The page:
Last January, I visited Joshua Tree and lead my first trad routes. It was a harrowing experience—at least my first route was—despite the low grades. Throughout the year, I lead a few more routes including some multi-pitches on Tahquitz. It’s a new year, a new (exceptionally mild) winter, and the time had come to return to Joshua Tree.
I left the last trip jonesing to climb “The Eye” on Cyclops Rock. It’s rated in that low-grade zone where I feel comfortable and it looked really fun. It’s essentially a tall alcove that leads to a small tunnel near the summit of the rock around 100 feet above the ground.
I rolled into Joshua Tree Saturday morning with Travis and Moreno. We were lucky enough to find a campsite at HIdden Valley directly across the street from Cyclops Rock. The fates had spoken. We set up camp, Moreno packed eight days of food into his day-pack along with his video camera, Travis grabbed his GoPro mounted quadcopter, and we hiked over to the rock. I lead it without incident, belayed the guys up, and we got a little video during the prep. It was a good warm-up and ego boost. It was time to pick a new route. “Penelope’s Walk” just around the corner seemed like a good idea.
“Penelope’s Walk” is 5.5ish with some slab-climbing, a bit of traversing, a little cave, and a short crack leading to the 80 foot summit. It looked fairly easy from the ground. I was surprised to find out how psychologically taxing it would be. Early on I noticed the rock was poor. I’ve climbed on worse choss (crumbly rock), but it was bad enough to make me question the reliability of some of my foot placements and a couple of my pro placements. Regardless, things were going well until I reached the traverse. I spent a large amount of time at this spot—climbing, down-climbing, weighing my options, looking for alternate routes (it’s where I’m perched in the first photo of the gallery). My dilemma was committing to one move roughly half-way across the traverse. The rock was poor and I couldn’t find any reliable foot placements I could trust to execute this one move linking both ends of the traverse. A fall would cause a pendulum swing possibly into a lower ledge. Chancing a fall was not an option. Thankfully, there were several rest spots nearby where I could cling to the wall comfortably and consider other options. After many retreats, I finally found a way to get me past that questionable spot. I climbed into the cave and rested for a bit. An older man had walked up earlier, stopped to watch, and chat with Travis. Thankfully, he would relay the small bit of reassurance I needed to top out on this route. Next to the cave is a thin crack that works left, then turns 90 degrees directly to the summit. It bulges out a bit, and looks quite intimidating. It was hard to protect, my last good piece was below in the cave, and a fall would have been ugly. The man on the ground assured me that it looked worse than it was, that as soon as I felt like I needed a hold, it would be there. I stood at the seam, placed a marginal cam primarily to appease me psychologically and committed. Hesitation would likely lead to a fall. Hesitation was not an option. I have rarely climbed a crack so smoothly and calmly. Although the crux of the route, I felt like I was dancing through it. My only option was to climb it well, that motivation made it so. I topped out, relief and satisfaction washed over me.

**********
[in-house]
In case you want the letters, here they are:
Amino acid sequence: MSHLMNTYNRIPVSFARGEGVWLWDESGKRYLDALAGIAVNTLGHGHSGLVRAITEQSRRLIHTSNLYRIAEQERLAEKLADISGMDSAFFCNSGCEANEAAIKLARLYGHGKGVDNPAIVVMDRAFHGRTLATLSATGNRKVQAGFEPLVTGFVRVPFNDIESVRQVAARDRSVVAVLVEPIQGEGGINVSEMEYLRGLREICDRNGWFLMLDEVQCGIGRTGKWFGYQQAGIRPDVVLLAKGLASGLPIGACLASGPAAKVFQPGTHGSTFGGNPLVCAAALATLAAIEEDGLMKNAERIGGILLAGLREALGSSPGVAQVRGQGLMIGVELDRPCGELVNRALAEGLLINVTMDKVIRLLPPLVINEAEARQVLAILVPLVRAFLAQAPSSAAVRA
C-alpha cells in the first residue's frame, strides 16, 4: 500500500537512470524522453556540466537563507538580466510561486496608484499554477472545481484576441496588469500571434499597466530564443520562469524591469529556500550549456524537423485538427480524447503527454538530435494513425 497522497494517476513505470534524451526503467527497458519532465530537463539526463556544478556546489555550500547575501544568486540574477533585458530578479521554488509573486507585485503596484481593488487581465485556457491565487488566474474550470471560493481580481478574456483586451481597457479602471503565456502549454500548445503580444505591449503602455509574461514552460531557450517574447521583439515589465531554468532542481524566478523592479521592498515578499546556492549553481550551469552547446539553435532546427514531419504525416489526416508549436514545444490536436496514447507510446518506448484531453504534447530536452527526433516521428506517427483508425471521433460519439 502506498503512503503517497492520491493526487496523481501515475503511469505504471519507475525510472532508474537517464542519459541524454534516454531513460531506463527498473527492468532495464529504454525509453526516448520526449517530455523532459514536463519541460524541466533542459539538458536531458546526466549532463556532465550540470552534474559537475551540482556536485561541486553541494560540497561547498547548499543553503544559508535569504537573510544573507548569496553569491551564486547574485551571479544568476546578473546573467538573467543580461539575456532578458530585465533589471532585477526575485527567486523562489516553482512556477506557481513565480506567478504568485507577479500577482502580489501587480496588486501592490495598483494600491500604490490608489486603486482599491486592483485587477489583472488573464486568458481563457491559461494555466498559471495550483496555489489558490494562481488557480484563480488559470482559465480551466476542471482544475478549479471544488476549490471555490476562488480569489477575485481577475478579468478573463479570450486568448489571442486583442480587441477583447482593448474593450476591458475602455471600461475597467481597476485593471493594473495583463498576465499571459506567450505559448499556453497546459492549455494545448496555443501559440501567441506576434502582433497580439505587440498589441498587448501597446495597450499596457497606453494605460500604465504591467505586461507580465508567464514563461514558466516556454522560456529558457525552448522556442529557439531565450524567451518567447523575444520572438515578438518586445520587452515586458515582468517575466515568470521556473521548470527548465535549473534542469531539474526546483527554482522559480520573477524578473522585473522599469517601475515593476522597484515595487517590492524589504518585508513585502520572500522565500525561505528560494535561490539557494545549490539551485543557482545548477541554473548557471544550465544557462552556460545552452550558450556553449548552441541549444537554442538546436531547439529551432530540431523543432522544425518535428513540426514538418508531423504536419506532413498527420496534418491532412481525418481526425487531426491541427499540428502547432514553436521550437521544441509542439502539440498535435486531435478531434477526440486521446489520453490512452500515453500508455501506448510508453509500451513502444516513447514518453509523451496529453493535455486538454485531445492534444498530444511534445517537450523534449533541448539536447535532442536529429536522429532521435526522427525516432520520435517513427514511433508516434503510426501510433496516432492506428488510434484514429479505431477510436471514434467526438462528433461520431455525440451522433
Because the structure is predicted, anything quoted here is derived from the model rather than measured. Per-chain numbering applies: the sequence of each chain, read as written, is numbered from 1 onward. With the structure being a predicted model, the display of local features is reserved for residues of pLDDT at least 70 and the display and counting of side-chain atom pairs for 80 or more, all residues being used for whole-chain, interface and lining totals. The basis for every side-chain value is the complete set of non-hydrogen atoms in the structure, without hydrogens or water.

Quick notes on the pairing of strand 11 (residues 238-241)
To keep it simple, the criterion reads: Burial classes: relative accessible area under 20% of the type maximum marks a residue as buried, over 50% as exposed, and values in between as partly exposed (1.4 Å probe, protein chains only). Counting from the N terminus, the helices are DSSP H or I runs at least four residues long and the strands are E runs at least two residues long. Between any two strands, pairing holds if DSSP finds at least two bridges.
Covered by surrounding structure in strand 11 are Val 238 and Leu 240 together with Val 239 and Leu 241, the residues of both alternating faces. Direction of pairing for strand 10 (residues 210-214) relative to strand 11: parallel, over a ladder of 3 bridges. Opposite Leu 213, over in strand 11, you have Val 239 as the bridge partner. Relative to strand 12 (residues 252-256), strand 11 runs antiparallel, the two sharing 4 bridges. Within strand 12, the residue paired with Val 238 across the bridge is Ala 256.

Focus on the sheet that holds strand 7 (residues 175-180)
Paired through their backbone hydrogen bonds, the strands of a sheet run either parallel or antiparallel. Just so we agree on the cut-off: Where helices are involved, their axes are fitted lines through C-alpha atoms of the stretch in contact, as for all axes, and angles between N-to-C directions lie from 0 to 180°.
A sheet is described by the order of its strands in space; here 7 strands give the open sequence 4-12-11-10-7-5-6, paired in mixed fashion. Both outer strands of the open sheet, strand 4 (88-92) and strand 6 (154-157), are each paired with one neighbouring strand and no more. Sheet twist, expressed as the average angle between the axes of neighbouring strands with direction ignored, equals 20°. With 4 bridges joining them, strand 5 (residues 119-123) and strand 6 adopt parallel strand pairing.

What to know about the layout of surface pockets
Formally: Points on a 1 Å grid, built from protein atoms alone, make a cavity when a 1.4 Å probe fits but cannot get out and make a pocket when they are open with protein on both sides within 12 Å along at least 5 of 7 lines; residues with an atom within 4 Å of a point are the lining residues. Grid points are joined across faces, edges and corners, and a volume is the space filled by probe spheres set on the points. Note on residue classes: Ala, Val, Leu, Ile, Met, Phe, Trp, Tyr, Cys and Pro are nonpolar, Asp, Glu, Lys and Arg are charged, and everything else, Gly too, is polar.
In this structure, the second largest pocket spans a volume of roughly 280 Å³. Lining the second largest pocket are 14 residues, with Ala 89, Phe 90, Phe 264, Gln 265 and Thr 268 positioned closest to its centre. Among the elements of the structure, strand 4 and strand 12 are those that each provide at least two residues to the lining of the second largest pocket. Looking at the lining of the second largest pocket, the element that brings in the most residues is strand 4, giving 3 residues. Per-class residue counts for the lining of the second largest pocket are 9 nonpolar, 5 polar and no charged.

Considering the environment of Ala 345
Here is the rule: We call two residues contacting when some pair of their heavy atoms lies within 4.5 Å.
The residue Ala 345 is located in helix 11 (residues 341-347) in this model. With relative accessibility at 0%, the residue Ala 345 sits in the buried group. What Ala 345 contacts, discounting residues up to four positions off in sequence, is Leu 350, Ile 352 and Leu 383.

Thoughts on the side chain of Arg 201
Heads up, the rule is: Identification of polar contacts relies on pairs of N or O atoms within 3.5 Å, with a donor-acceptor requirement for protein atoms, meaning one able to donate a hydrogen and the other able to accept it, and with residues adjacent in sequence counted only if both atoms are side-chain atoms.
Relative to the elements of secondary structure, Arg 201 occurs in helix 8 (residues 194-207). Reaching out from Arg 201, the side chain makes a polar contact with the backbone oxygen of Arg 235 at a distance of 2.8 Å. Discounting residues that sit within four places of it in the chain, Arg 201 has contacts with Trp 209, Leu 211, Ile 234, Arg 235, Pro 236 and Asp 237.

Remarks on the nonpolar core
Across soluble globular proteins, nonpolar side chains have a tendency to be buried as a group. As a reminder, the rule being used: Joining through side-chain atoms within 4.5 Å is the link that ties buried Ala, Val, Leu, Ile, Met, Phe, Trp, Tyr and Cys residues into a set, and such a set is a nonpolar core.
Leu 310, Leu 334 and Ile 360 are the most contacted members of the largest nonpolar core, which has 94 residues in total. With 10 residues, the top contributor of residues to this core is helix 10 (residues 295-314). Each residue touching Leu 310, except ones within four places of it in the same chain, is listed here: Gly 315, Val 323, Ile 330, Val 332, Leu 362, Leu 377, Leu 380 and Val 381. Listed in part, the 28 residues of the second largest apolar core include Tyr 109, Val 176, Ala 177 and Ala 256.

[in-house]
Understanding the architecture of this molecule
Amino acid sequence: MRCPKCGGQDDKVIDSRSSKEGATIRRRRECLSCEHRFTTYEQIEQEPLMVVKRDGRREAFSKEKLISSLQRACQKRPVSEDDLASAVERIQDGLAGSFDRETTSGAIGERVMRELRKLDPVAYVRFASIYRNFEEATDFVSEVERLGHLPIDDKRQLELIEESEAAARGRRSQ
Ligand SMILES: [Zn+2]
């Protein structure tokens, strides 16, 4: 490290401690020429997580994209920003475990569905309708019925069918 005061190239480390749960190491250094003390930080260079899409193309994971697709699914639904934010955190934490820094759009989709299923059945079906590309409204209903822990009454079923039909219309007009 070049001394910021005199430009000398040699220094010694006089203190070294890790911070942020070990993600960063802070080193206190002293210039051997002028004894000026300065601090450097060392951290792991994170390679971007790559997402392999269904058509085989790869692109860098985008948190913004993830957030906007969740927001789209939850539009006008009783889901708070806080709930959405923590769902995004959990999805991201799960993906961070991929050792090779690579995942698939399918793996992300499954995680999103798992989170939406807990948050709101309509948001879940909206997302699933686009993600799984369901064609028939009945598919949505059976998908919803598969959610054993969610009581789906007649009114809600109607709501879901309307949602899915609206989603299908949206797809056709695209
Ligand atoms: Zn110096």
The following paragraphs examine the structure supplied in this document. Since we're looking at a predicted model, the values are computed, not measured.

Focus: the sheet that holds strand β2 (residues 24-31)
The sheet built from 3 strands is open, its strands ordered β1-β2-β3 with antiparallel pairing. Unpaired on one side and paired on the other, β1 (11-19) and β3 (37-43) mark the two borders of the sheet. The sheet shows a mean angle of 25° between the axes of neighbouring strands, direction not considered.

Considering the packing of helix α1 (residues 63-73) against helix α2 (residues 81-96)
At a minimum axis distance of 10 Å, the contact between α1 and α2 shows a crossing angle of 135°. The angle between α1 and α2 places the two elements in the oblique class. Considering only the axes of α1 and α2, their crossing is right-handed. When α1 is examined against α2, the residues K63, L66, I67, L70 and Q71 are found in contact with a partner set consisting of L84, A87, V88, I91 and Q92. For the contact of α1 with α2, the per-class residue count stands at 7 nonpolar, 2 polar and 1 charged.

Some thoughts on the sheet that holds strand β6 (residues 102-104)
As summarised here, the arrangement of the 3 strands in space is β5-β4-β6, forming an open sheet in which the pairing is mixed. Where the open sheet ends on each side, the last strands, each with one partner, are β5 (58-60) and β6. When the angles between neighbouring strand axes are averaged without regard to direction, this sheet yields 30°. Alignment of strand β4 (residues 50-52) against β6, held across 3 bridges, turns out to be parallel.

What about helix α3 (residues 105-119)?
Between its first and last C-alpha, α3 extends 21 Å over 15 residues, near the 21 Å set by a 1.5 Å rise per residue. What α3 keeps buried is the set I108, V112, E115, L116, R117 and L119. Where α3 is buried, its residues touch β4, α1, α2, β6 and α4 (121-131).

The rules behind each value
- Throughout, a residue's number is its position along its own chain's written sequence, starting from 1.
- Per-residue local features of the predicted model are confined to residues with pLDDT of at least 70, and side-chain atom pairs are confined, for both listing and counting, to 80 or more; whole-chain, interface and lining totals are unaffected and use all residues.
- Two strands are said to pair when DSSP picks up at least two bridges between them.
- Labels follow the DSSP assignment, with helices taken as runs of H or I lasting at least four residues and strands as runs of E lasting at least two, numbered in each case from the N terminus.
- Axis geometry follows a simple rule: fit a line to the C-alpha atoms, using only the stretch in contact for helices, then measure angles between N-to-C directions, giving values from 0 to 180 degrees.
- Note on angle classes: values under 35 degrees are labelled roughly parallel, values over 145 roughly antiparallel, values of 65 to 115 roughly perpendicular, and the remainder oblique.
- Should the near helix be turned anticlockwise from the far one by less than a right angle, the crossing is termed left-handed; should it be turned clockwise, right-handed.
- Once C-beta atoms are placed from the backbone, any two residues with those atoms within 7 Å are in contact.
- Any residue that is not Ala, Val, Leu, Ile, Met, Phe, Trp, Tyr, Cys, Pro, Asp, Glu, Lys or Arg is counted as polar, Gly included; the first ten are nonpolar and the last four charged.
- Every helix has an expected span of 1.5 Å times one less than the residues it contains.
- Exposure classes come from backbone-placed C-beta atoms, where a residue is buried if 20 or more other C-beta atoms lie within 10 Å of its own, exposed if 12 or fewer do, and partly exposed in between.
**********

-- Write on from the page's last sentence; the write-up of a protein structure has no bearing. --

Moreno followed and cleaned the route, pulling onto the summit as the Sun set. It had not been the quick, easy route I suspected. Not because the climbing was hard, but because it was just intimidating enough at the right spots to make me doubt myself. I did feel that I had progressed as a trad leader, although. The year before, “False Layback” (my first) had terrified me. “Penelope’s Walk” had made me uncomfortable and a bit frightened at parts. It even had me consider bailing a few times, but I was never truly scared and I was confident in my abilities when it counted.
The next day I lead “The Eye” again, Travis shot some copter footage of it, and we gave him his turn on “Penelope’s Walk” by top-rope. Then, we climbed in the van and headed back West.